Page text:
Sen.-elect Kay Hagan and Rep.-elect Larry Kissell were sworn in Tuesday.
Hagan and eight other new senators took the oath of office Tuesday in the front of the Senate chamber, with Vice President Dick Cheney presiding over the event. She embraced fellow U.S. Sen. Richard Burr, R-N.C., after accepting the oath.
"I'm very excited still," Hagan told WRAL News in an interview Tuesday afternoon after meeting with constituents. "It was a very humbling experience ... just to be in the Senate chambers, and you look around and you see all these senators I've seen on TV for years."
Burr and Twelfth District Congressman Mel Watt stopped by her new basement office to congratulate her.
"My advice to her is take 48 hours to enjoy becoming a United States senator (and) enjoy the fact that family and friends are here," Burr said. "That's going to be over, and it's going to be a tough grind after that."
Hagan said she's already working, co-sponsoring a bill that will be introduced soon.
A proposed $800 billion economic stimulus package is the top priority for Congress, and for Hagan and the rest of the North Carolina delegation, that means securing as much money for the state as possible.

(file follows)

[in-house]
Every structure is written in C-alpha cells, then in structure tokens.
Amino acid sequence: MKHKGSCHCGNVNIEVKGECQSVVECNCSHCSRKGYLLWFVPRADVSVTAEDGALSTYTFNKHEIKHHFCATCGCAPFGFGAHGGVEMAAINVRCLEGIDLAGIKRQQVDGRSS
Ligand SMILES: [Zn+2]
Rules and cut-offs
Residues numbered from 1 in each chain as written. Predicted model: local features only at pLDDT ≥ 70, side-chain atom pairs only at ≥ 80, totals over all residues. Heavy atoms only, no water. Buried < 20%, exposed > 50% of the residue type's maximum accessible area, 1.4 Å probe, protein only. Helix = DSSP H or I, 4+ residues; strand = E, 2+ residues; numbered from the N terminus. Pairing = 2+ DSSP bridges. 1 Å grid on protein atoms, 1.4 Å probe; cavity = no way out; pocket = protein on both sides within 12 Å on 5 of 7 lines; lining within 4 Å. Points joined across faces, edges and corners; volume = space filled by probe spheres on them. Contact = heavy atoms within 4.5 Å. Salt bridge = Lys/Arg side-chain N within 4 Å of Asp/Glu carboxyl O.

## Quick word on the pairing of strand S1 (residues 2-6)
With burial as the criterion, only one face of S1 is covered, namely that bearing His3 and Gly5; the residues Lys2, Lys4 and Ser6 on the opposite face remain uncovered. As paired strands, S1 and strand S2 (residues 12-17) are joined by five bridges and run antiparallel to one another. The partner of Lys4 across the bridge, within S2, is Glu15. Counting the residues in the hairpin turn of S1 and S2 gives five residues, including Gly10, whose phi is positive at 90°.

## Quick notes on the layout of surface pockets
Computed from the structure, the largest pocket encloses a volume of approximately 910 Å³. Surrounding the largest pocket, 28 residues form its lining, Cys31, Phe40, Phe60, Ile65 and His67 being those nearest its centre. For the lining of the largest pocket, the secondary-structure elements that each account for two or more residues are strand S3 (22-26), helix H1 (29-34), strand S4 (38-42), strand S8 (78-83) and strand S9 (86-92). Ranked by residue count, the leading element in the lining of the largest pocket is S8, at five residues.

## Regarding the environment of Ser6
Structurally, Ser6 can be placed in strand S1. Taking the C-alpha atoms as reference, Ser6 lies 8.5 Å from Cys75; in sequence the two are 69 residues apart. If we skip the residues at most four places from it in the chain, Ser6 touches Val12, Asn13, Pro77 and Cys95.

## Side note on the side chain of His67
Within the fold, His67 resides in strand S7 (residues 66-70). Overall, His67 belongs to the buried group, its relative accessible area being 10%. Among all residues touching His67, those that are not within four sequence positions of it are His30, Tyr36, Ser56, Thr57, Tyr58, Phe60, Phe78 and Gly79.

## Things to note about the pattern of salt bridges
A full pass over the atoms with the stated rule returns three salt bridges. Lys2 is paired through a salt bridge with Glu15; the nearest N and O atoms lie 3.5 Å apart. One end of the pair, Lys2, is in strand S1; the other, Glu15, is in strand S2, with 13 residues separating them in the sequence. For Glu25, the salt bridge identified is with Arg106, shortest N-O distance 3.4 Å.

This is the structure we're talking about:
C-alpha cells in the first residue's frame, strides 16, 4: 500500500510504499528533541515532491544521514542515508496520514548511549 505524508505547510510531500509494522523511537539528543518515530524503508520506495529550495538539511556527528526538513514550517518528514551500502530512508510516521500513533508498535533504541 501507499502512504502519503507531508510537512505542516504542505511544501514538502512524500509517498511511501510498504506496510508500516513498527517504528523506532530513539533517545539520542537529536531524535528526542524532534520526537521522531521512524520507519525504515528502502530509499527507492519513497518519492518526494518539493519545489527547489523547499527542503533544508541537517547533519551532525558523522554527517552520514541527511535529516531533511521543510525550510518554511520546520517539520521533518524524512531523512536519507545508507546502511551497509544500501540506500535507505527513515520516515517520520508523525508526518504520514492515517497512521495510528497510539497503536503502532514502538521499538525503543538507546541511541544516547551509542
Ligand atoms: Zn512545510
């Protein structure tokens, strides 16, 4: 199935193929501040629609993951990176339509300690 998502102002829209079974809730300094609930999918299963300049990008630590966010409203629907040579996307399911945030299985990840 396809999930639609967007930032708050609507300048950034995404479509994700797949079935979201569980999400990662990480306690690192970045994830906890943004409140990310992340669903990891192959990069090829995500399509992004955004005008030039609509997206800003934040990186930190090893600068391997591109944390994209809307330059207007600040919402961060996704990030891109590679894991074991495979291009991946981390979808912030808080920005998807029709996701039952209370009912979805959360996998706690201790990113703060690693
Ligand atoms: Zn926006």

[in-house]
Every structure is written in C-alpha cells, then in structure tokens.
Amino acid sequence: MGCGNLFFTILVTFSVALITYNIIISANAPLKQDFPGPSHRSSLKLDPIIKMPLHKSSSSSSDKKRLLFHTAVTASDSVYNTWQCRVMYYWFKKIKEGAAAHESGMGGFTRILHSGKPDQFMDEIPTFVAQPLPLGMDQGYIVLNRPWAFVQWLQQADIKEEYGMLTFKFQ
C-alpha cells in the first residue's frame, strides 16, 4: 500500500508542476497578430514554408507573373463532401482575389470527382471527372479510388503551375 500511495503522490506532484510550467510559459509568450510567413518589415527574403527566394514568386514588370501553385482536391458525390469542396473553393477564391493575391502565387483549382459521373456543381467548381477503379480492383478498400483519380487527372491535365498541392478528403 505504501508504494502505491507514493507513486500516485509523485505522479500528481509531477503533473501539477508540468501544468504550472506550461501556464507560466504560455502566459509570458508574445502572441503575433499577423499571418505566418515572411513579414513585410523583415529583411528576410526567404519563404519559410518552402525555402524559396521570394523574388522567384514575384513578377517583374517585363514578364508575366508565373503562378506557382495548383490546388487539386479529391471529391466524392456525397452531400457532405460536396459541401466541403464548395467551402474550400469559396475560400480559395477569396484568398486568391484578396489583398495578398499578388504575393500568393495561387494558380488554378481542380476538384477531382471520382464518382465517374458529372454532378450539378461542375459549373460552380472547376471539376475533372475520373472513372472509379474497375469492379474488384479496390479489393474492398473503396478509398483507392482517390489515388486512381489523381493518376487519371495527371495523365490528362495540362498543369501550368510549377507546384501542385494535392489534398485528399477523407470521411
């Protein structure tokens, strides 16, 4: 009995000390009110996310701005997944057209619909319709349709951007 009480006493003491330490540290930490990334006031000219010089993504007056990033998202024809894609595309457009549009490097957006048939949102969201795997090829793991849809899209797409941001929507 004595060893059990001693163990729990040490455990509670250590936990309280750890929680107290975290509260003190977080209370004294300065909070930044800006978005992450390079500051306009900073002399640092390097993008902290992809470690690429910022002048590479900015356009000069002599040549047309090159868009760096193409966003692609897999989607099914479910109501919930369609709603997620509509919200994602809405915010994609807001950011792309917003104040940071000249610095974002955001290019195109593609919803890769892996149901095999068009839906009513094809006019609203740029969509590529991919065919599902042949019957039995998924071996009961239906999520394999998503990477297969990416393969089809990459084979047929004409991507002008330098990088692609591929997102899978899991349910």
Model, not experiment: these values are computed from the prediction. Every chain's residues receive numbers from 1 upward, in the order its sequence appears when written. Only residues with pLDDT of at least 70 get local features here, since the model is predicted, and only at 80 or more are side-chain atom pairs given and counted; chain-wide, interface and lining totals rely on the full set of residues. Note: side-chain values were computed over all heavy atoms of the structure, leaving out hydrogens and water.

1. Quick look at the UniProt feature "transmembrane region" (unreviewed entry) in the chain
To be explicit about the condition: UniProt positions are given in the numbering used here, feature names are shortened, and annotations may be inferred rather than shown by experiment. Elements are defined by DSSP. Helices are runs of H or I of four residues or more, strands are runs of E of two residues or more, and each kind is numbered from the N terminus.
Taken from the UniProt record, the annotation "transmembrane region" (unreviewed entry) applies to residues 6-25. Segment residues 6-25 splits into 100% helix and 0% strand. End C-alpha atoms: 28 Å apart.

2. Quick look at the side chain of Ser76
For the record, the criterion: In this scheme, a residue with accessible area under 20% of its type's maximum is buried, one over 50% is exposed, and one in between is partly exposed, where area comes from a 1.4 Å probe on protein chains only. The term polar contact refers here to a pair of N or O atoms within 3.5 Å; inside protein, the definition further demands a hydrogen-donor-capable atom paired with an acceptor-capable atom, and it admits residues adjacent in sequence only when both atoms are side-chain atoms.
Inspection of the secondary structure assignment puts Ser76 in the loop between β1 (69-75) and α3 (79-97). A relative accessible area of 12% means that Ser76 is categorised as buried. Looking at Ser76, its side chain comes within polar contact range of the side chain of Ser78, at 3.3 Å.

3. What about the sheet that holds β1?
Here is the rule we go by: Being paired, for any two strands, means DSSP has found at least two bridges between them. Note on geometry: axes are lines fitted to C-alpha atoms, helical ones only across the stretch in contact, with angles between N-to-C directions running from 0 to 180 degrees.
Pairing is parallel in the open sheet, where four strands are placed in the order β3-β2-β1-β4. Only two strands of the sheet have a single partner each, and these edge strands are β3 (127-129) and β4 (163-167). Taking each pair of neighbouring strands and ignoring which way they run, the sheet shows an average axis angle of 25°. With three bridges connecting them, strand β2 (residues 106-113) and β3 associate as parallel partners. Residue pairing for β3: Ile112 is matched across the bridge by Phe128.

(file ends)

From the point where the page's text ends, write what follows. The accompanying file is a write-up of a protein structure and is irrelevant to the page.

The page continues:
"I know there's a lot of people unemployed in North Carolina. A lot of people are hurting," she said. "I want to be sure we can do whatever needs to be done to turn this economy around. I will be their voice here in Washington."
Kissell, who represents the Eighth District, also was sworn in Tuesday, along with 52 other freshmen members of the U.S. House.
"I am going to work to bring jobs to the district and help lessen the tax burden placed on working families," Kissell said in a statement. "Unfair trade deals and high energy costs have combined to erode the American dream for many families in our district, and I am going to work hard to turn the tide away from the special interests and toward the interests of people who work hard and play by the rules."
Hagan and Kissell ousted Republican incumbents in November, adding to the Democratic majority in both chambers. North Carolina now has nine Democrats and six Republicans representing the state in Washington.
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